The sun is shining; bees are buzzing; your arms move through warm air; you even have to mop a thin veil of perspiration from your brow. And on the news in the morning, Geri Mitchell intones the familiar admonition: “It’s a red air quality day. Sensitive groups should avoid exercising outdoors.”
SLU students Joseph Wilkins, Patrick Walsh, Jackie Ringhausen and Tim Barbeau (standing, from left to right), and Valparaiso Univ. trainers Alex Kotsakis and Mark Spychala (crouching, left to right) stabilize the balloon as it fills with helium.
Credit (Art Chimes)
Each weather balloon carries a Styrofoam box like this one. It contains an ozonesonde, an instrument that measures ozone. The box also holds a radiosonde that measures temperature, humidity and air pressure.
Credit Art Chimes
Valparaiso University atmospheric chemist and meteorologist Gary Morris is helping to train the SLU students. Here, he tests out a parachute that will help slow the ozonesonde's fall after the balloon bursts somewhere around 100,000 feet above the ground.
Credit Art Chimes
This Google Earth map shows the trajectory of the weather balloon SLU launched on Thursday, August 8. The balloon burst north of Florissant, at an altitude of 116,447 feet. It landed in Alton, Illinois, about two and half hours after launch.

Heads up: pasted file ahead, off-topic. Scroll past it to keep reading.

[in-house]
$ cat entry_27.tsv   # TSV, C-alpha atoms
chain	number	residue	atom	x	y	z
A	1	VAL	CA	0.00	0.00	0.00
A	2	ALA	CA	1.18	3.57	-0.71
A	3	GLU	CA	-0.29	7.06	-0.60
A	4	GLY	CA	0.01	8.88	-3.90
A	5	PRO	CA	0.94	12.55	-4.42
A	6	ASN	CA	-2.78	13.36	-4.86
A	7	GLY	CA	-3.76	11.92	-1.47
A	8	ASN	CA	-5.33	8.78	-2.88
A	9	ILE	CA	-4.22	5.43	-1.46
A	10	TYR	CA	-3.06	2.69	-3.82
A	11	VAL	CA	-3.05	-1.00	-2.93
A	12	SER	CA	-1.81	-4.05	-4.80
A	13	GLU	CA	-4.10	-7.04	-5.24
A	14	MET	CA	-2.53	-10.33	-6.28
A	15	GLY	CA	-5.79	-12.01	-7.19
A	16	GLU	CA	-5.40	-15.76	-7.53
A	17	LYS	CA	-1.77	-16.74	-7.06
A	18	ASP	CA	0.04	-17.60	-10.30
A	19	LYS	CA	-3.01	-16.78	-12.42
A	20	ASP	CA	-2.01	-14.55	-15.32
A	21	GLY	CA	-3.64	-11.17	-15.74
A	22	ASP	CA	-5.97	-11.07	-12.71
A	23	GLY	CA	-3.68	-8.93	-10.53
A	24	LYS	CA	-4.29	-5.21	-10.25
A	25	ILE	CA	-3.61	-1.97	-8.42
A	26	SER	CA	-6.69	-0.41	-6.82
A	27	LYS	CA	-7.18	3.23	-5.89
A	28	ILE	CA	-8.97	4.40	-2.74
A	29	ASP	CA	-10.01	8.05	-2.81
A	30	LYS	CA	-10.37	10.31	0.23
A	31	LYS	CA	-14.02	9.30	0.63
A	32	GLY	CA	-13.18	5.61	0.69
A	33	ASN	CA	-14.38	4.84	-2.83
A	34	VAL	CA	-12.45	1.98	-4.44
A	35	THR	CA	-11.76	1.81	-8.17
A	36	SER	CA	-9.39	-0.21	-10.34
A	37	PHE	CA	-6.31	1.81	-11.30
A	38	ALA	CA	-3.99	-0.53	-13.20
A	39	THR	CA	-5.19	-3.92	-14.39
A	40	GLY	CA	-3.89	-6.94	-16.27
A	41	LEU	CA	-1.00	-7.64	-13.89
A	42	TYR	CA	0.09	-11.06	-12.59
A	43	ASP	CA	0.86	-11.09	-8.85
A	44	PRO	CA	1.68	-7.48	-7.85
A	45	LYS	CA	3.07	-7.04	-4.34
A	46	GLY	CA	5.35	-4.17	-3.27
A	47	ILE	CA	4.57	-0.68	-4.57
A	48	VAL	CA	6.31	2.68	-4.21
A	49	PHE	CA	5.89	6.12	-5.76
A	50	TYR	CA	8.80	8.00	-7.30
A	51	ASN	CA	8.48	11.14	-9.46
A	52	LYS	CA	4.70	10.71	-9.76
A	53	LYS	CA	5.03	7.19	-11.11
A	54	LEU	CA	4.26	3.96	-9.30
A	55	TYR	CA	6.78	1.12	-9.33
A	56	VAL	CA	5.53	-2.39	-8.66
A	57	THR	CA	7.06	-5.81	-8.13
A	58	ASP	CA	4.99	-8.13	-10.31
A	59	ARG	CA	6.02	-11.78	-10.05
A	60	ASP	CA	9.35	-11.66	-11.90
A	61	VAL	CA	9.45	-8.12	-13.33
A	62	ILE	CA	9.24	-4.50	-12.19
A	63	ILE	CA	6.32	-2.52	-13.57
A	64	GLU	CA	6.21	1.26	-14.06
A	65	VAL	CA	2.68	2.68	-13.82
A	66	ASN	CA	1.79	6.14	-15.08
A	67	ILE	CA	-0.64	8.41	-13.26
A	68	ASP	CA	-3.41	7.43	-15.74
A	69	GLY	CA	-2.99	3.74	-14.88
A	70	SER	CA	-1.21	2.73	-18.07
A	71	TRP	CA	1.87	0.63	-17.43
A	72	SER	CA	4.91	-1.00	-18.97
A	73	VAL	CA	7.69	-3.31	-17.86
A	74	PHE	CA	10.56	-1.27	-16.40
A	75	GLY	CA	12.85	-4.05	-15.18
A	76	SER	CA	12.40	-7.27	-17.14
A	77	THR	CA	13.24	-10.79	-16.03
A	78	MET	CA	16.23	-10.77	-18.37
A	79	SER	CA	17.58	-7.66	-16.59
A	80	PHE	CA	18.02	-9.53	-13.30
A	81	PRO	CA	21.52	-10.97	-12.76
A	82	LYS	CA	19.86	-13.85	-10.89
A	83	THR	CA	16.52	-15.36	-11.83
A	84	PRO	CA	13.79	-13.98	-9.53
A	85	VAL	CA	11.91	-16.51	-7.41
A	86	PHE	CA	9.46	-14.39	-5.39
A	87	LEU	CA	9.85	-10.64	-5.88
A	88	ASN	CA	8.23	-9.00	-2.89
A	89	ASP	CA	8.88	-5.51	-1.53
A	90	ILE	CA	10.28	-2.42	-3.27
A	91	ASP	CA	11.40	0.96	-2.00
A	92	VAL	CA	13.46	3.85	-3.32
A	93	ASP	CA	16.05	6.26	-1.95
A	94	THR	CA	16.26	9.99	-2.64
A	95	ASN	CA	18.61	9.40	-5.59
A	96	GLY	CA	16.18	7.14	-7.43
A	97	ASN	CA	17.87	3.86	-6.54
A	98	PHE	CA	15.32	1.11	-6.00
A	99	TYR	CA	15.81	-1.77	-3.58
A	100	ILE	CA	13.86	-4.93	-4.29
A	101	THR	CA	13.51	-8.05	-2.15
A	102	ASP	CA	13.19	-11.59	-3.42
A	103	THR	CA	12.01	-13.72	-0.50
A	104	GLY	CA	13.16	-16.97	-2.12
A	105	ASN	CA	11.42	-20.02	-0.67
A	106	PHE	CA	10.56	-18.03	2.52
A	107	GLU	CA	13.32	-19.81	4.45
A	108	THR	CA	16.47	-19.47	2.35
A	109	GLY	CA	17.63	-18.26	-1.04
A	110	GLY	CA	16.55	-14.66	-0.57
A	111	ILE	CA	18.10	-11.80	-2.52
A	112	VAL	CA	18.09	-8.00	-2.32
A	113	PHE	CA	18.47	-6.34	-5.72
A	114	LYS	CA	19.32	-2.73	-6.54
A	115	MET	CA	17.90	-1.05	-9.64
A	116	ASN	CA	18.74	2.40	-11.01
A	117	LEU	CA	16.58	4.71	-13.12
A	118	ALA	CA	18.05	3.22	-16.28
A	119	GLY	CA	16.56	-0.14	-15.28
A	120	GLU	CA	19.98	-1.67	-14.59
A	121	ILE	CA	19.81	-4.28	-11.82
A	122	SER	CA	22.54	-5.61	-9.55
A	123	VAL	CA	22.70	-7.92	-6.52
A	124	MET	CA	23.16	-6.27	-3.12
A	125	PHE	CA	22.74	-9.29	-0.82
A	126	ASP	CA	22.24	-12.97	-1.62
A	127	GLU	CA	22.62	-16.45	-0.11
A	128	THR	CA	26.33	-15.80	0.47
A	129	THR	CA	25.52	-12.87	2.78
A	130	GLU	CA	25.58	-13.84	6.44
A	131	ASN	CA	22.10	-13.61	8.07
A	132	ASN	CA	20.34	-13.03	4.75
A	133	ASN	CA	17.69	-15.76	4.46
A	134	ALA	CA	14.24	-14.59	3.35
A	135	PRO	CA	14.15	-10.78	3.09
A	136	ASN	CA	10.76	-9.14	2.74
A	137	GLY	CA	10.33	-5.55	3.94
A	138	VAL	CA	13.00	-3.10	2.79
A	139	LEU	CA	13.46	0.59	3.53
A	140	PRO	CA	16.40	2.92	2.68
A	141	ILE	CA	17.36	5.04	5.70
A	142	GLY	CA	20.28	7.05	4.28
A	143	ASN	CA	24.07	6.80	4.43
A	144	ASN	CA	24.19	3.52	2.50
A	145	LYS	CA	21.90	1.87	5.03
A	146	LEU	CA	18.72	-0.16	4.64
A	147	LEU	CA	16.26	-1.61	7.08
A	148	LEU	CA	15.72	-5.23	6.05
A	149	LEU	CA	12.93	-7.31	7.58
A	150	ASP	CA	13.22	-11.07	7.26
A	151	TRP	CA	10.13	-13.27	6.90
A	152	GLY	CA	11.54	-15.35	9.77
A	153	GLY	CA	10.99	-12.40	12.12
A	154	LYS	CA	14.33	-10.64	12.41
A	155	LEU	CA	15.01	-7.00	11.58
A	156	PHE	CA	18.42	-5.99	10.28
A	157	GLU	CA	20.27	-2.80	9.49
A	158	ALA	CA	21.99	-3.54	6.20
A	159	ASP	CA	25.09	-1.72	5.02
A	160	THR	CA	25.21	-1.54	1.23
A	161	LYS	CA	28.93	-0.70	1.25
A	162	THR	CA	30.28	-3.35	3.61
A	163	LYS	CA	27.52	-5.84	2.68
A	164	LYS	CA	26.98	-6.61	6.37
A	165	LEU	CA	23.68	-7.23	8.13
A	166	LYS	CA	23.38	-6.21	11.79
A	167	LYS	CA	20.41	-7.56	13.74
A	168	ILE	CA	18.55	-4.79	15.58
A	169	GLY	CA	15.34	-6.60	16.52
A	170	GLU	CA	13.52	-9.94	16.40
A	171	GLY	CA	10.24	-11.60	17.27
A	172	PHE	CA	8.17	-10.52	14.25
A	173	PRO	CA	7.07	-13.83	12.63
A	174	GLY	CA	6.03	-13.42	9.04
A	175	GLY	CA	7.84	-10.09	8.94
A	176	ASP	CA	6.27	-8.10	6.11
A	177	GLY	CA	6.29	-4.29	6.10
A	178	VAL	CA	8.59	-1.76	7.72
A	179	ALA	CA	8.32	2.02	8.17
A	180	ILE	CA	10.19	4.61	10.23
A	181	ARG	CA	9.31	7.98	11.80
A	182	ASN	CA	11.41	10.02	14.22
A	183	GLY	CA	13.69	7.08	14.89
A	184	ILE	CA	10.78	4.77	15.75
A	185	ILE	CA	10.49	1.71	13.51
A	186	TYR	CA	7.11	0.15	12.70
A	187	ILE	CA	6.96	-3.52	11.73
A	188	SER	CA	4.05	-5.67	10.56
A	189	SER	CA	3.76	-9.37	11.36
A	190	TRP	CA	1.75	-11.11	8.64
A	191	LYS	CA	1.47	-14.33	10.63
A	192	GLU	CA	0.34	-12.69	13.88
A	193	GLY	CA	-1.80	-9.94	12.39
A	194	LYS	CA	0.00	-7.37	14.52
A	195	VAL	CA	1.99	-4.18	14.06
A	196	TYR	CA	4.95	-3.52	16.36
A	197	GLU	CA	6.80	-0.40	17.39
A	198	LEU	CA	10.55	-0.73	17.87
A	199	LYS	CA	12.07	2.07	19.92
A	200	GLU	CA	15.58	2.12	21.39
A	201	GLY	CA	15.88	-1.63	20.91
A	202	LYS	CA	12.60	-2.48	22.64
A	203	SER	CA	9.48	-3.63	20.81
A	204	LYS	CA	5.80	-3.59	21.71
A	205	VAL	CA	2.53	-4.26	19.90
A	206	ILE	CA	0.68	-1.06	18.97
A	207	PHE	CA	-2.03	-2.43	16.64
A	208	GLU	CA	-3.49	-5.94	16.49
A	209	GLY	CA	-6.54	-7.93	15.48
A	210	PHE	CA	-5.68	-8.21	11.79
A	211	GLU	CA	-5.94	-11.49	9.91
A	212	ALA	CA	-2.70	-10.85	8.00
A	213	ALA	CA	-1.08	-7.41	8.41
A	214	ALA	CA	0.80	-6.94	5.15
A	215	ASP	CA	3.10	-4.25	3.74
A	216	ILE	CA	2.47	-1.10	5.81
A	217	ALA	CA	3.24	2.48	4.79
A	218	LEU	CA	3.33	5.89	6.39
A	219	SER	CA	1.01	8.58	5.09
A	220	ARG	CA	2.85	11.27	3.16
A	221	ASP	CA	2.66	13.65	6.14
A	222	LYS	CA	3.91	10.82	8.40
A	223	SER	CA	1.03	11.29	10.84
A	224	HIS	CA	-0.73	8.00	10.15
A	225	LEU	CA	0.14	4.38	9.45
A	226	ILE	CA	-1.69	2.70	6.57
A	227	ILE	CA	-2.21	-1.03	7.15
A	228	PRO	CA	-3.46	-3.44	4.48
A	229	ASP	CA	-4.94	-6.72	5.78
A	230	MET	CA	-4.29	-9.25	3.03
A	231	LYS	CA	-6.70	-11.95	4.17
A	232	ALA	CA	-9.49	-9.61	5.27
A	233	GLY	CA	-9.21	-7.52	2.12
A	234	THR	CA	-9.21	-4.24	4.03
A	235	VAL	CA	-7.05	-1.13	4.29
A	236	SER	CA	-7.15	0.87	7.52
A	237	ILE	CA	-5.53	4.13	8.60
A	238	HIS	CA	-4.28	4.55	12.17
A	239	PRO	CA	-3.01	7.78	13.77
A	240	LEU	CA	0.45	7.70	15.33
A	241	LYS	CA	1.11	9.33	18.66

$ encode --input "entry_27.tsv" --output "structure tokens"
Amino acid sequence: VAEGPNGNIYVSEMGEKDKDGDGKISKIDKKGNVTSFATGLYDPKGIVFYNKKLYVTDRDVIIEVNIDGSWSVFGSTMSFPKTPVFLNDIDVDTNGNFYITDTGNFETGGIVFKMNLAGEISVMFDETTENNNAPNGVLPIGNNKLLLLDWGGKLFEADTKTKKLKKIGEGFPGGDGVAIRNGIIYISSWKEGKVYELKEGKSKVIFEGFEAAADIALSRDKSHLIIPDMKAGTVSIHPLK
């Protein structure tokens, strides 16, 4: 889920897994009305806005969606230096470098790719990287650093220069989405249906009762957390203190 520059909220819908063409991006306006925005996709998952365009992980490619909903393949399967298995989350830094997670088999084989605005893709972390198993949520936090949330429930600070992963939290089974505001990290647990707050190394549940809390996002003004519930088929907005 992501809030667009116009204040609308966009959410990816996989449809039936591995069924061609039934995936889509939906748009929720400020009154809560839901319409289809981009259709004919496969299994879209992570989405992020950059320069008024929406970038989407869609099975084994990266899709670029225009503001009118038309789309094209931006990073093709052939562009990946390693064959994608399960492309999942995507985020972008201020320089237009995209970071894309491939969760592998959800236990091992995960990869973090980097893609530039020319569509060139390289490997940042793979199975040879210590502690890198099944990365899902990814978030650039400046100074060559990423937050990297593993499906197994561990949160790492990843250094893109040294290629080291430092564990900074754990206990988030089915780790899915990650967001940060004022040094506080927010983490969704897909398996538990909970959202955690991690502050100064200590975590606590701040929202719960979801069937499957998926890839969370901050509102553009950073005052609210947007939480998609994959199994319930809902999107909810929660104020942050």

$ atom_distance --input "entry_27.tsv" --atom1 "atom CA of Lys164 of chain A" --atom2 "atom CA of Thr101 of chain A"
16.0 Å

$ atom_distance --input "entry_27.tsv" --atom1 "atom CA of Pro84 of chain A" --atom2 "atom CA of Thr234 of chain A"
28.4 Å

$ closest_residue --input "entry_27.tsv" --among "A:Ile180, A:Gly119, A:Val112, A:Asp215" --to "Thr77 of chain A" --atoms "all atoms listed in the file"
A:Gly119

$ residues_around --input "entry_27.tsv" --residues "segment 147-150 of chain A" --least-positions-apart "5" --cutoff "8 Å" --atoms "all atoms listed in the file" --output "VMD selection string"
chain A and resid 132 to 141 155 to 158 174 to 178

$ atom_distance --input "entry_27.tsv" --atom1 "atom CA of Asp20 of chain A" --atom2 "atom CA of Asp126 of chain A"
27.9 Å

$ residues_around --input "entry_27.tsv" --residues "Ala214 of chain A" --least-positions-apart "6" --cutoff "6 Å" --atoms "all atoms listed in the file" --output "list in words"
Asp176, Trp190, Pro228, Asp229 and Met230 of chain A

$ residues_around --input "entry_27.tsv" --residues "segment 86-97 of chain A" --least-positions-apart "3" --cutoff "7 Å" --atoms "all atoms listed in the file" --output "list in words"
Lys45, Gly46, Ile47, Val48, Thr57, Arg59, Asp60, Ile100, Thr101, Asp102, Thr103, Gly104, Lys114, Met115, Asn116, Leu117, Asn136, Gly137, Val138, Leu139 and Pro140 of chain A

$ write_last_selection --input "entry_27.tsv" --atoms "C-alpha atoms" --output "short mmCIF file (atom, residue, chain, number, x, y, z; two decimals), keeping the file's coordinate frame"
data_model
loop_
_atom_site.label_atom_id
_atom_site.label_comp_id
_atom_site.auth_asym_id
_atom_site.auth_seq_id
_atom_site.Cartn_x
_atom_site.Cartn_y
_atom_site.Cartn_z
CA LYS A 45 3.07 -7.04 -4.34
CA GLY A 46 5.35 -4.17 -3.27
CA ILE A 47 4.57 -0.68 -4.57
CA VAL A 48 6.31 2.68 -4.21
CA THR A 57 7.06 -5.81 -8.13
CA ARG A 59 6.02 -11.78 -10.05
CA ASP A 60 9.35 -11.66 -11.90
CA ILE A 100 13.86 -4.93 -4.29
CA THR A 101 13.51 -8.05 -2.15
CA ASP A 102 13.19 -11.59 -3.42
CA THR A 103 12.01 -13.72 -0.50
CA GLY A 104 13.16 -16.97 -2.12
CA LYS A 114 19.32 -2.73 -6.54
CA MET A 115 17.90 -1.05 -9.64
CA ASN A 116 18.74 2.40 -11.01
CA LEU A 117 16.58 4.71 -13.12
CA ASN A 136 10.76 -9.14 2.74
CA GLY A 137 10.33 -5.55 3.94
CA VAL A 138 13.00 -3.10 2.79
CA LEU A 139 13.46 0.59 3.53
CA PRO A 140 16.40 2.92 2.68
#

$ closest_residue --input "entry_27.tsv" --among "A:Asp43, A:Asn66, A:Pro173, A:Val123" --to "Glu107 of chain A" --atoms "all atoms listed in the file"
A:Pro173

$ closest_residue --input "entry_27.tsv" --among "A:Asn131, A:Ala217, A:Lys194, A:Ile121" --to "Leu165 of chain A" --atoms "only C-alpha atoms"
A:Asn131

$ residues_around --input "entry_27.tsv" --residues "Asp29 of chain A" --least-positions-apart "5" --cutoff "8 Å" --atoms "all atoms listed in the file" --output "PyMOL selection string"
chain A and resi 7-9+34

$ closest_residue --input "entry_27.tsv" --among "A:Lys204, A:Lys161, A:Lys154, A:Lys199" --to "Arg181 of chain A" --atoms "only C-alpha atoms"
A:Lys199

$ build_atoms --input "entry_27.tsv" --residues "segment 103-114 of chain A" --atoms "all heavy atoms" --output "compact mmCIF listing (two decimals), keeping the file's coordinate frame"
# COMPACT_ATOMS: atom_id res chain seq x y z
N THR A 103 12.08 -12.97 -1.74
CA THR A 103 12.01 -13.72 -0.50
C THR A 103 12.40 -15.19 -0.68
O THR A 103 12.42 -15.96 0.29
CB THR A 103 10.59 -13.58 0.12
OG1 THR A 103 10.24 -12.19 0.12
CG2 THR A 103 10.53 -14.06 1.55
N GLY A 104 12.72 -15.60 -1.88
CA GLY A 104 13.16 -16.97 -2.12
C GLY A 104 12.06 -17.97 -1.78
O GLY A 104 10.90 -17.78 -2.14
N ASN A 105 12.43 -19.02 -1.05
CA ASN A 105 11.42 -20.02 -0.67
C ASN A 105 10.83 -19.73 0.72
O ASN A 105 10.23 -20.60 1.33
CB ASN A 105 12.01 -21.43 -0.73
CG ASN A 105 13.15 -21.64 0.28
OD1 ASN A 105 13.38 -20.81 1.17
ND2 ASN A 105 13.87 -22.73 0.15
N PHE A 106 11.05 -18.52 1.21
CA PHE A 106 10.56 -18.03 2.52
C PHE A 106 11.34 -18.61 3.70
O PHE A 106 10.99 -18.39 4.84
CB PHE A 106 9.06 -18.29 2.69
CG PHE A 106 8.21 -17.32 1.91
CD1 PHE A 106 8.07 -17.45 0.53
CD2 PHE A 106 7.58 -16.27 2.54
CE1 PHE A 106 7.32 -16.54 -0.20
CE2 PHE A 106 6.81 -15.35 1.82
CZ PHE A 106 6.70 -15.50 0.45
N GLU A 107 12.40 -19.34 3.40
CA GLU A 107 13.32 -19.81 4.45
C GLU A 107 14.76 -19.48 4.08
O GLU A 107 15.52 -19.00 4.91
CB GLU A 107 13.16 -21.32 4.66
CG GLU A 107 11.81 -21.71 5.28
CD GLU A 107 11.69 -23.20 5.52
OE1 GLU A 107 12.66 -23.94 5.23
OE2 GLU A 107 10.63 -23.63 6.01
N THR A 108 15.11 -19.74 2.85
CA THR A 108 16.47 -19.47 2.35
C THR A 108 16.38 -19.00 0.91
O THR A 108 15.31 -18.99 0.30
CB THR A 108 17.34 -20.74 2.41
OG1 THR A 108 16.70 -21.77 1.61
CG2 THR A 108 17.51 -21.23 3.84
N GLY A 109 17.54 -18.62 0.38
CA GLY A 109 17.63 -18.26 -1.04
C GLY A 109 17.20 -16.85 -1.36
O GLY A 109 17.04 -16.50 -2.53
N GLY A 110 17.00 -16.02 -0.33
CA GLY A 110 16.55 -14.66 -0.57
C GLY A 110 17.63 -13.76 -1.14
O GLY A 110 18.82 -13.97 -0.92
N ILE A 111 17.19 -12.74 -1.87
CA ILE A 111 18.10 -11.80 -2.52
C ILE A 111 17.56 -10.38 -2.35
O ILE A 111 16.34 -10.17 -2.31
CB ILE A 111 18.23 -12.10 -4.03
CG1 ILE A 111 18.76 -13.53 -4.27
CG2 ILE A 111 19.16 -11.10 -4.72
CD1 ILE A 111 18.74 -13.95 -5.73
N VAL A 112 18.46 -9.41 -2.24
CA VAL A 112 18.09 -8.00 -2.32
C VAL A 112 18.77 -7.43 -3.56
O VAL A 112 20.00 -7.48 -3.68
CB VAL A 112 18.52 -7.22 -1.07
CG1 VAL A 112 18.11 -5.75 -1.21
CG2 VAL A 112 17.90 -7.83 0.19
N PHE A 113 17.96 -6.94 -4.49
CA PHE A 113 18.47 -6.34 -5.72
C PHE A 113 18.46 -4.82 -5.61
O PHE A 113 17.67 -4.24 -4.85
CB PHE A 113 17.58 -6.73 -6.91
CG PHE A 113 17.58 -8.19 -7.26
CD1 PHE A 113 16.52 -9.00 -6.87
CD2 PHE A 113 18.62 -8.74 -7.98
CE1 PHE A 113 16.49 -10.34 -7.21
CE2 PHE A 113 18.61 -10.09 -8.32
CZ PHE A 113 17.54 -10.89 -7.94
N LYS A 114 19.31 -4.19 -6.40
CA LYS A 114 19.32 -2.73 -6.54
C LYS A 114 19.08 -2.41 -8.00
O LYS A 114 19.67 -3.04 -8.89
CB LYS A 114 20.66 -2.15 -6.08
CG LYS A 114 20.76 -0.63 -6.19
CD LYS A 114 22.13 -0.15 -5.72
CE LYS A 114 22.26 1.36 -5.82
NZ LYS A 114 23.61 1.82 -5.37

Credit Gary Morris, Valparaiso University
Data from the ozonesonde are transmitted through a large antenna to a radio receiver (right), then plotted out in real time on a laptop.
Credit Véronique LaCapra, St. Louis Public Radio
These profiles show ozone (in parts per billion by volume) with altitude. On August 8, rain washed ozone out of the air, decreasing levels near the ground. The EPA considers concentrations above 75 ppb to be hazardous to human health (red dotted line).
Starting on March 15, gas stations in Franklin, Jefferson, St. Charles and St. Louis counties and the city of St. Louis can switch from vapor-capturing nozzles (black “boot,” left) to ordinary nozzles (right).
Credit Véronique LaCapra, St. Louis Public Radio (left) and Art Chimes (right)